We know that Jesus lauded people who went to great lengths to seek him out. However, no one in Nain was seeking him today. Today, the village was burying a young man. This poor widow, right? Her son had died, probably that day. He was young… that means his death was probably unexpected, tragic. Was it an accident? An illness? It doesn’t matter much– the point is, he was dead. Not just any son, this widow’s only son. We don’t know when her husband had died, but her son most likely was her main source of support. We also don’t know if she had daughters. However, it is likely that she was too old to remarry… too old to have more kids.
This widow is experiencing extreme sorrow. This is probably the worst day of her life. This woman’s life is wrecked.
The widow at Nain’s life is wrecked and it is at this point that Jesus comes to her.
Let me repeat that— when this woman’s life is at its absolute worst, Jesus came to her.
Not only that, Jesus went out of his way to get to her. What other reason would he have to go to Nain, except that he knew he would encounter this woman?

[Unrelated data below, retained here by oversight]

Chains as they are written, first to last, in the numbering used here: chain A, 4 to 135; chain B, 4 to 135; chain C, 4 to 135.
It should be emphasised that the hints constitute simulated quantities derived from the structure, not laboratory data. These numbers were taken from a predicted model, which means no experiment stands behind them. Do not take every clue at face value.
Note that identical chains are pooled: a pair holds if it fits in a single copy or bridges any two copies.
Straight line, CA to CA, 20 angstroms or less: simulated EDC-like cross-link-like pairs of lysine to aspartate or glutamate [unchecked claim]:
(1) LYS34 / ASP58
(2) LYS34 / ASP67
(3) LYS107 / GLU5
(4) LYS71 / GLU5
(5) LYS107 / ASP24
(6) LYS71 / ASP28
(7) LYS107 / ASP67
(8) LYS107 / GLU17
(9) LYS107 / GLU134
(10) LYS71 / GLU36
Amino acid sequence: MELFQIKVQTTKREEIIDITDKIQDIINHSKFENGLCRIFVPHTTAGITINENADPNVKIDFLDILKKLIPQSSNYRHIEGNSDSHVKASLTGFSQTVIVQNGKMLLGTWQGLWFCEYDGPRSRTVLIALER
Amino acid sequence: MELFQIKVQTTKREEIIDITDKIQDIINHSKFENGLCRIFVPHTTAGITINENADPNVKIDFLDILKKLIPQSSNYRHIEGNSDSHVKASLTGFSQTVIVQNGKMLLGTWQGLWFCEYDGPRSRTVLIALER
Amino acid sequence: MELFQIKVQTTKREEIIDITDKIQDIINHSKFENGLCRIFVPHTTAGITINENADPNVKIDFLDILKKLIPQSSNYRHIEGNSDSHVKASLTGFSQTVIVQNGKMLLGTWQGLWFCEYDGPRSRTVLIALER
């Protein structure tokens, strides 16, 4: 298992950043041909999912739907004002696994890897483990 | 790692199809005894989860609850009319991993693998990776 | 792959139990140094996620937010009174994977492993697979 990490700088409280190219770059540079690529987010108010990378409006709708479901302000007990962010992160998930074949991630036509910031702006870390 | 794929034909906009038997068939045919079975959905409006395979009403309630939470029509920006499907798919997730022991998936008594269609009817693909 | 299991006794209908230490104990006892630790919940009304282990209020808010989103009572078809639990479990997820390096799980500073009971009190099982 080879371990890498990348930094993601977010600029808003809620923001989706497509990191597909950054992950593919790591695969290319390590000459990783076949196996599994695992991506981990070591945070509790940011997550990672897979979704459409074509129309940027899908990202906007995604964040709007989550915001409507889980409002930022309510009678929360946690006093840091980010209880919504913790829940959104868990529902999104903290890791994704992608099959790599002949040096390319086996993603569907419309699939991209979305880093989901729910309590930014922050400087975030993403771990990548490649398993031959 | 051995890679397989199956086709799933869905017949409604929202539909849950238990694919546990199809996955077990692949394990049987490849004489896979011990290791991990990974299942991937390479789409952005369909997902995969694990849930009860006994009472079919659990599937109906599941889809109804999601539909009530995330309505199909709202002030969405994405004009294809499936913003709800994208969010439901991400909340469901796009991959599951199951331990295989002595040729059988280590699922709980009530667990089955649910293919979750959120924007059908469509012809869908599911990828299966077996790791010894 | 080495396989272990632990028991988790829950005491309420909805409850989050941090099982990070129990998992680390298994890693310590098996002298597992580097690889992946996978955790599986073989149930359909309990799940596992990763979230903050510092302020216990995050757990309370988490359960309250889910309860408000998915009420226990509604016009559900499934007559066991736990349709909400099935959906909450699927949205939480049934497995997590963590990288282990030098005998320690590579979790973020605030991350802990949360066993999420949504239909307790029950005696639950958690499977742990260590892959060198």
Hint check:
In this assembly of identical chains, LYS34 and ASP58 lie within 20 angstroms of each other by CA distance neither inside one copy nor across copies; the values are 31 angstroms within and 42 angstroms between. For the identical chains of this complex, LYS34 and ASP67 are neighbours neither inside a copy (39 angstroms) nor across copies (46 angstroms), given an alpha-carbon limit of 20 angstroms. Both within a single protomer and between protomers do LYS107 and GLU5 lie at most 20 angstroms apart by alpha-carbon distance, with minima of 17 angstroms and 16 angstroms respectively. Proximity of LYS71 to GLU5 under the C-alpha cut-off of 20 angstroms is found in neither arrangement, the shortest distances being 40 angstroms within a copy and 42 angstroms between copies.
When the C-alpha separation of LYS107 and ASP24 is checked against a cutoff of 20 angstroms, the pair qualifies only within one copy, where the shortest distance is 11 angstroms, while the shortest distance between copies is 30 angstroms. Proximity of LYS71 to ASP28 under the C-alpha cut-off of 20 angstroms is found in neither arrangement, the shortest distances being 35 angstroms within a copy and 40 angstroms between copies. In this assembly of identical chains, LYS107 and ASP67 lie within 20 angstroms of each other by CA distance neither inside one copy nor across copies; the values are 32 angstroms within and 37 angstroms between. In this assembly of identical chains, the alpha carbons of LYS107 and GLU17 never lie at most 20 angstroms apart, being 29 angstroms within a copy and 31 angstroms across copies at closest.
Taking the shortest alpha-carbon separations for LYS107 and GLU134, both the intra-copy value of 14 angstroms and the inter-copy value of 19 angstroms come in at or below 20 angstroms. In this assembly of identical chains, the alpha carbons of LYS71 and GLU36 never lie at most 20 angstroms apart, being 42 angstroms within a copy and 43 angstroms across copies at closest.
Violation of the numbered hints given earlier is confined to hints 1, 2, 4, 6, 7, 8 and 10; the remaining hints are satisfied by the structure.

What is the worst day of your life?
Take a moment and think about the worst day of your life. Maybe there is a period in your life where you too, were wrecked. The thing is, as much as we want to avoid it, the chances are great that your life will be wrecked again. Someone close to you will die. You will get hurt. You will fail at something significant. The more you love others, the more you put yourself out there, the more occasions you will have to be wrecked and devastated. There is just no other way around it.